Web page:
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Robert Burns:                The Land and the City

The brief life of Robert Burns was but a handspan in the second half of the eighteenth century. He died before he was 40 years old, his health broken by the hard physical labour of a boyhood spent doing a man’s work on his father’s farm. Yet in those years Burns not only witnessed great revolutions abroad – in America in 1776, in France in 1789 – but lived through a revolution at home in every way as turbulent.

    This revolution had its roots, quite literally, in the land: who owned it and how, what it yielded, and how much, and by what means. Burns was born into a Scotland still farmed as a peasant culture: the laird (or landowner) owned the land outright, and his tenants farmed it for his benefit and the benefit of his heirs. In return for a lifetime of loyalty and hard work, they could take what they needed for their families: a roof over their heads, and enough land to cultivate food to put in their children’s mouths. It was a life lived on the edge of enough: any surplus must of right belong to the landowner; any less – the result, for example, of a bad harvest or pestilence among animals – and the family would fall through the fragile net of sufficiency into the pit of poverty which lay unforgivingly beneath.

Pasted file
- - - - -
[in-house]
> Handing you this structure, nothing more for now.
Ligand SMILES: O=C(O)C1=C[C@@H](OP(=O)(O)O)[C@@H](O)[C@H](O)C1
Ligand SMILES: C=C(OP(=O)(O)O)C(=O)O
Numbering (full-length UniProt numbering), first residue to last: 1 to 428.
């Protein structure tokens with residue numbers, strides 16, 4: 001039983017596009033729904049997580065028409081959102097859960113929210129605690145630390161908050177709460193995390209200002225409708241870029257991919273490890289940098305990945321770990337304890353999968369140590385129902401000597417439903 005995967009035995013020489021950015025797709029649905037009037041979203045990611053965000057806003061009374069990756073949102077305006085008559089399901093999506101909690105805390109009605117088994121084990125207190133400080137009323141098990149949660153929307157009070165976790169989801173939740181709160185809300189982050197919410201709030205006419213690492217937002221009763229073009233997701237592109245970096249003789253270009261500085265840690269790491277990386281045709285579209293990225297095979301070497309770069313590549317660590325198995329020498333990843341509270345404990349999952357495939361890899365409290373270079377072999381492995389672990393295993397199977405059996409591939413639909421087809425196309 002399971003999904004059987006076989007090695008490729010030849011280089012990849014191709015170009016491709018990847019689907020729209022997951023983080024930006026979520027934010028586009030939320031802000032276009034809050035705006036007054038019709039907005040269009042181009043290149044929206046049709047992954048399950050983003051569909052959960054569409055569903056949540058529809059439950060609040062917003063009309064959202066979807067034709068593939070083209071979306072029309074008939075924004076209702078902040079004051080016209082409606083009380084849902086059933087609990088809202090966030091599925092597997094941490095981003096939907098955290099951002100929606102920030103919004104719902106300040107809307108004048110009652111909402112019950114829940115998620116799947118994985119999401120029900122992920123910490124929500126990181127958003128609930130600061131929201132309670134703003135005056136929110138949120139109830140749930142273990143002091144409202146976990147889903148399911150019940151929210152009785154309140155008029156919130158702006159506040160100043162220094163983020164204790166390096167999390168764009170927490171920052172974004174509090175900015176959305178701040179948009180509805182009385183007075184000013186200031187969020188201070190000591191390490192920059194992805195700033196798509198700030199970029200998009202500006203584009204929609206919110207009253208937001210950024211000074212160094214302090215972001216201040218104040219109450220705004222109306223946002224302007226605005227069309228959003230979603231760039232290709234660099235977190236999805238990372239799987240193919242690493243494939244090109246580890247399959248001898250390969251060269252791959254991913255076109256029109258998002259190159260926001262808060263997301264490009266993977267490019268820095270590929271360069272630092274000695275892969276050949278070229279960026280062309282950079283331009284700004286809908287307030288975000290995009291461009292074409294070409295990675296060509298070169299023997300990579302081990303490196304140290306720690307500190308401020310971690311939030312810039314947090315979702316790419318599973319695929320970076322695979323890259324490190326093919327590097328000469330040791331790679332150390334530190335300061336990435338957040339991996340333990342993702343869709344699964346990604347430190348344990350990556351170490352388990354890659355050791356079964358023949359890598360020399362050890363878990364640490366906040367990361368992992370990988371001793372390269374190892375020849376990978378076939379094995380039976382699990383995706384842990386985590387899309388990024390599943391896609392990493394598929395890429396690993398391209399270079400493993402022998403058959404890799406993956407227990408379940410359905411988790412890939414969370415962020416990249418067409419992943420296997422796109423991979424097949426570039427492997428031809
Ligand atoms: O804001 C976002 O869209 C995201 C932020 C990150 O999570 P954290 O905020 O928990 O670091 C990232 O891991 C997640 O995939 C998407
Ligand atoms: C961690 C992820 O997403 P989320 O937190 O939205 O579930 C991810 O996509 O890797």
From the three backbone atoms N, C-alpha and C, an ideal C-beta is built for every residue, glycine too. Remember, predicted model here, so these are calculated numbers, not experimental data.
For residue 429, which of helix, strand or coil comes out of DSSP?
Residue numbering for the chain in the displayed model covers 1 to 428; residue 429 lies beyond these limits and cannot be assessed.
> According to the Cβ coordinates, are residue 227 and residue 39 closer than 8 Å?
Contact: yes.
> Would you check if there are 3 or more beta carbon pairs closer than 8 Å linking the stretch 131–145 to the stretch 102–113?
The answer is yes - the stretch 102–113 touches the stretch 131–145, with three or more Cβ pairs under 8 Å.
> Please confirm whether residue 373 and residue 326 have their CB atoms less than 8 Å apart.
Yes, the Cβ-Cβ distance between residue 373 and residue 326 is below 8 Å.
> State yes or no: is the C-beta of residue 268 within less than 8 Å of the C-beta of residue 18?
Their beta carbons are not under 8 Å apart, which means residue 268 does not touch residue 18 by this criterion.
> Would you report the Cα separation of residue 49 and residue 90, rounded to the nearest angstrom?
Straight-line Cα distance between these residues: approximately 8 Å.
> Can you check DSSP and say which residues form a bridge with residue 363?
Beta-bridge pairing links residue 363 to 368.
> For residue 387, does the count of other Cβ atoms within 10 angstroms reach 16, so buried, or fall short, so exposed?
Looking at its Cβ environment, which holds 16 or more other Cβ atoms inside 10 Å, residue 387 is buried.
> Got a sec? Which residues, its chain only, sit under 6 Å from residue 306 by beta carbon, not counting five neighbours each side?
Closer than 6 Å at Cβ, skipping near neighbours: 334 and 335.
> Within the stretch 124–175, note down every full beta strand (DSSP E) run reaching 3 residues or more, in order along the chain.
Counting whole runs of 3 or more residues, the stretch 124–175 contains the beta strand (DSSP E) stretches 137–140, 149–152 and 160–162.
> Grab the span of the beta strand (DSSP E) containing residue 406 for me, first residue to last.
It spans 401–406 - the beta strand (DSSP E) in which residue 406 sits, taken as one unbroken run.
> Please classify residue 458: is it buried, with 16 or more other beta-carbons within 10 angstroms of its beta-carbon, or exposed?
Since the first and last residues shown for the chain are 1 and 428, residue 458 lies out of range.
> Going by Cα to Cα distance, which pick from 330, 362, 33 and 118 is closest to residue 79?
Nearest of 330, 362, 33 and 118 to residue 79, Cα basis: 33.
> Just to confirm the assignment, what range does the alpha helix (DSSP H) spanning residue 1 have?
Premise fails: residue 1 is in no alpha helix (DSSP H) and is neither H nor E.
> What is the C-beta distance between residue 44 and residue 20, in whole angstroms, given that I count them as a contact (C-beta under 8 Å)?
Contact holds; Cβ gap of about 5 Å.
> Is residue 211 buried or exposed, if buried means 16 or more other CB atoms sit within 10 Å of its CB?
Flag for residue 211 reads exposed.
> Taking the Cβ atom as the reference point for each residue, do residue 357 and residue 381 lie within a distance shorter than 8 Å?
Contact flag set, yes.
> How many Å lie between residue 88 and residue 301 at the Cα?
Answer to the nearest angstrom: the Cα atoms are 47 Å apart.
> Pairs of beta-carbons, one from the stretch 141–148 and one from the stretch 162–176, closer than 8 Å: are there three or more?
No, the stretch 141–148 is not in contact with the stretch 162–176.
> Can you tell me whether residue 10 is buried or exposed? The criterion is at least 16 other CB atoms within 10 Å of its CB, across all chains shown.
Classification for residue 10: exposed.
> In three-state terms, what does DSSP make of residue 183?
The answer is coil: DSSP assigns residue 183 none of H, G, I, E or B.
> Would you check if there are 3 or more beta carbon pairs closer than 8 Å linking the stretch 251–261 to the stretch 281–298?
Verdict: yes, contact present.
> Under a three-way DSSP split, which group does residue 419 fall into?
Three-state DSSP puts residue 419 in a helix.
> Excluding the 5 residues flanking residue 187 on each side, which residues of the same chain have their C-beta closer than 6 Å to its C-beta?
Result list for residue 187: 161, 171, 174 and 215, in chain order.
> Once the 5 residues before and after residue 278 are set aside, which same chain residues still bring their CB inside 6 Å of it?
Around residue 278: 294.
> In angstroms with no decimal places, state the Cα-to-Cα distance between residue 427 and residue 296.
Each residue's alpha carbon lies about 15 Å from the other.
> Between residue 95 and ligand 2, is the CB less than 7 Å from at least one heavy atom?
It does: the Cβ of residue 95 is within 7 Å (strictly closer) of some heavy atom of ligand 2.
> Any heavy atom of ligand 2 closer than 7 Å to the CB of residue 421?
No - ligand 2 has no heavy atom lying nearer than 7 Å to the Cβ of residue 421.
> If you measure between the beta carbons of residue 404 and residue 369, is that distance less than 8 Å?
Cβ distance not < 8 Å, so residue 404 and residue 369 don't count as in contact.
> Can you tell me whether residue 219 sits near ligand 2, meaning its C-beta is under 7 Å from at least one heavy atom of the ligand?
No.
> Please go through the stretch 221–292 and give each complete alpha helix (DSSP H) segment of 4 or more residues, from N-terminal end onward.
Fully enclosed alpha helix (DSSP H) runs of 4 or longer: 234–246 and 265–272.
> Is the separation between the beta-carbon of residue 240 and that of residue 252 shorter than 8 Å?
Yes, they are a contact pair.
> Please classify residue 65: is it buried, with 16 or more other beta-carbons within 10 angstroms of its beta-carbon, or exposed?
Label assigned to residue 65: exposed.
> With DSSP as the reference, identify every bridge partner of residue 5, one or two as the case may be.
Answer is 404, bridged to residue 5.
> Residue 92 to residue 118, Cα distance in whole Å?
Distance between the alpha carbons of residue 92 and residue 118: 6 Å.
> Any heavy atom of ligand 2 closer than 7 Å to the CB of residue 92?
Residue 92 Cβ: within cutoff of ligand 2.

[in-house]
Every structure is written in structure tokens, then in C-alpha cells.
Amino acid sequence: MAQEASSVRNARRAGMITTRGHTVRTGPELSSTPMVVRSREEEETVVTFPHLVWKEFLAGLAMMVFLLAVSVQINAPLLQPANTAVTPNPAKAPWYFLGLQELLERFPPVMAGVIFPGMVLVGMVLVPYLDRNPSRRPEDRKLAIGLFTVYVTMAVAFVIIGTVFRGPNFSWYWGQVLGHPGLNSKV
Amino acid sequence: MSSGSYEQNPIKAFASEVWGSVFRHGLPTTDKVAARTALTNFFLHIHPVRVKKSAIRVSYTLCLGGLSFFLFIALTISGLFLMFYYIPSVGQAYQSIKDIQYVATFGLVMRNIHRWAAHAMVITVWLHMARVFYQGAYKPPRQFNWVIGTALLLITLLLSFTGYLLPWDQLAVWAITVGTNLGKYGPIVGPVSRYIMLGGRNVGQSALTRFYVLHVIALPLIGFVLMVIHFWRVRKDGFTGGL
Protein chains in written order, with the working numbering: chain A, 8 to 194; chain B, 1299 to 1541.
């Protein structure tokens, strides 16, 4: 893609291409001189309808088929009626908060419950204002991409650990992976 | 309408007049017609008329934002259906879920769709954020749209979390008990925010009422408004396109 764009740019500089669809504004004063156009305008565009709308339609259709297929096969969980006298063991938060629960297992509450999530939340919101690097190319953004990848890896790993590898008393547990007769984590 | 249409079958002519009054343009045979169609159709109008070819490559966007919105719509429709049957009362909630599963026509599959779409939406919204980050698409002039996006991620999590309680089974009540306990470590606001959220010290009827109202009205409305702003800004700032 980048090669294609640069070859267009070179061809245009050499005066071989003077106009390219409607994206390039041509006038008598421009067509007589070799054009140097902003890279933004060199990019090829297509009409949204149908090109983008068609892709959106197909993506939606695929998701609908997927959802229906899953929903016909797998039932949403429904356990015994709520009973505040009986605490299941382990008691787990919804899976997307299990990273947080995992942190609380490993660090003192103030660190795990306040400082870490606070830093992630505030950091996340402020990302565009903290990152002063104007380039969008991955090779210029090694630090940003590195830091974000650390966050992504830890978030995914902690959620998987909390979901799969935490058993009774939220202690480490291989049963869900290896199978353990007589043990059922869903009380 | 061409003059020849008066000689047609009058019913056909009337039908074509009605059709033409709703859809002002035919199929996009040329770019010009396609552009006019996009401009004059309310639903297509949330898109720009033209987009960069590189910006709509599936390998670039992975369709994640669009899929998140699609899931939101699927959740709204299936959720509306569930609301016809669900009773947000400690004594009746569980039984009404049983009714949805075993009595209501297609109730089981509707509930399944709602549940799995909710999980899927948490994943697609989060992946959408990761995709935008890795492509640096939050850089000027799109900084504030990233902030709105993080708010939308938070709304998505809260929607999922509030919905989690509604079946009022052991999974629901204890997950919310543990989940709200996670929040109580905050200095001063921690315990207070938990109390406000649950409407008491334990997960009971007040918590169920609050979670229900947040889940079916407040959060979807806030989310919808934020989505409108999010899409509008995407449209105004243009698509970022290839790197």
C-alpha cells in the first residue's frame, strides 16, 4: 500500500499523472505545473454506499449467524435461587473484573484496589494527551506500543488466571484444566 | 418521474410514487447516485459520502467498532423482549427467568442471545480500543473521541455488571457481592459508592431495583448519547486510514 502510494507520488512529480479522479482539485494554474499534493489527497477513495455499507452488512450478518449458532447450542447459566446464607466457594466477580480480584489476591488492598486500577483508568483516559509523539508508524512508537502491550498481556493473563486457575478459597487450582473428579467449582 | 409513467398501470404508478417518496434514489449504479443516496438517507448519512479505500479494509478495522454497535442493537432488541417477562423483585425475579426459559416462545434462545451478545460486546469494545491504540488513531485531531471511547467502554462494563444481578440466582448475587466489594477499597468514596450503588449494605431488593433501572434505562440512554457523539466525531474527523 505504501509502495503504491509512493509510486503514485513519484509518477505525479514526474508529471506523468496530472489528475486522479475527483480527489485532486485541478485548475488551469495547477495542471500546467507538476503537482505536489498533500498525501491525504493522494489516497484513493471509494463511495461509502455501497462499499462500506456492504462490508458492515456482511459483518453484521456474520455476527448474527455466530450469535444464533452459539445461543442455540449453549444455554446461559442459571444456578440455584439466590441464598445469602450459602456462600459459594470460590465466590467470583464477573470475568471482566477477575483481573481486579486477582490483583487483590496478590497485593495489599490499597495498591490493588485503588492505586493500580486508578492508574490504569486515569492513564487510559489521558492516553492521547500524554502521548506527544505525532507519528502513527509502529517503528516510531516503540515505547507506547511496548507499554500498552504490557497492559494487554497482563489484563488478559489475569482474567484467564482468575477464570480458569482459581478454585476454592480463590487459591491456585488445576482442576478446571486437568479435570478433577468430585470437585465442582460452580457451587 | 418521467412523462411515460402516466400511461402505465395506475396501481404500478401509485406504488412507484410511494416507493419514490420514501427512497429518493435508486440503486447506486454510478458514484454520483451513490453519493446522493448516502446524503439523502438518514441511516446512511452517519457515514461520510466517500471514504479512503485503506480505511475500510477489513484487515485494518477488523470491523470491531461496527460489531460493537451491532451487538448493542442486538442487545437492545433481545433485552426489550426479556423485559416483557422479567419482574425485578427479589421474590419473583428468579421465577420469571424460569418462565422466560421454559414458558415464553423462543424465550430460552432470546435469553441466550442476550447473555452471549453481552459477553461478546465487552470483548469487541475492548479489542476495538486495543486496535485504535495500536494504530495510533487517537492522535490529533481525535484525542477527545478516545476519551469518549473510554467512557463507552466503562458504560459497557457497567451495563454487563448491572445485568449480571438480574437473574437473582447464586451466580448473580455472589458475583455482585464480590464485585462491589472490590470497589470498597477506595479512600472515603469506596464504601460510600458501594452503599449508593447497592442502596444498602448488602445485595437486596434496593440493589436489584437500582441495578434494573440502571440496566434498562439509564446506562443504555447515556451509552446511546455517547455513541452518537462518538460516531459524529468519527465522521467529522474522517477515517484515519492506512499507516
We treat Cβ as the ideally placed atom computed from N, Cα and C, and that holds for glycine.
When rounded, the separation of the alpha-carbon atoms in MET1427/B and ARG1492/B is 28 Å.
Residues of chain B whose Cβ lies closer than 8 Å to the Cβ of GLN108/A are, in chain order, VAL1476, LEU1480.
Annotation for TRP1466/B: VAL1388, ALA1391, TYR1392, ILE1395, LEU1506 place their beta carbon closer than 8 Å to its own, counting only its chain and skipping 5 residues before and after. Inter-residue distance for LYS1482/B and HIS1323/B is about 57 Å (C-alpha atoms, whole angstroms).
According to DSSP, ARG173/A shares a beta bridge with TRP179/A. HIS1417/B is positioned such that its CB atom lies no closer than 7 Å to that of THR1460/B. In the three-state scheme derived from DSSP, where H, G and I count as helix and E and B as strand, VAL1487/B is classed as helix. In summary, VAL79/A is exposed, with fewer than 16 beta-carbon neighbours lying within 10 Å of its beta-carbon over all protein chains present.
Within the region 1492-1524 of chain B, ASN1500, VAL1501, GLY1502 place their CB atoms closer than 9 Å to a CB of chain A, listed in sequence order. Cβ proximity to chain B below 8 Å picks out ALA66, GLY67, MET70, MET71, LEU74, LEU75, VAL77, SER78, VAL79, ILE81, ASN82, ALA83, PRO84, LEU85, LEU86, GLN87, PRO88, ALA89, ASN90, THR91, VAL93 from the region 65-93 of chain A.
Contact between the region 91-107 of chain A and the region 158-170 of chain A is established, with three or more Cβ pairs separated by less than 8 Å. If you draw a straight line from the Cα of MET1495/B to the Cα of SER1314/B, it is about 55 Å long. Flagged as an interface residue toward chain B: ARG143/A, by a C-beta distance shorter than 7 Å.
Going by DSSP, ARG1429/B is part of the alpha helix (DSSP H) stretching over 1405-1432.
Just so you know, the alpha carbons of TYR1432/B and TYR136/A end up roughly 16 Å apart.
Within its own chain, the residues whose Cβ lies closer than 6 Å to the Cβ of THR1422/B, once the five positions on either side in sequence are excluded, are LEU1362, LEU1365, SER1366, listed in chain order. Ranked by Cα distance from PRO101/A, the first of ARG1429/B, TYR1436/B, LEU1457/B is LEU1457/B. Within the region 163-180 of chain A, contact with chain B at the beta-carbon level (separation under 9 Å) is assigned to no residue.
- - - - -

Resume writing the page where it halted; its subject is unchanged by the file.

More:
When Burns was born, the land was not fenced or walled. Visitors who look at the neat parcelled fields of Ayrshire today are looking at an order created during Burns’ lifetime – as a boy, he would have looked upon unfettered open space where it was accepted that land was owned by one but used by all: in fact, a commonwealth of rough grazing. Each man took from it what he needed: peat or timber for fuel, grazing for his animals, and a patch of soil round his cottage for food.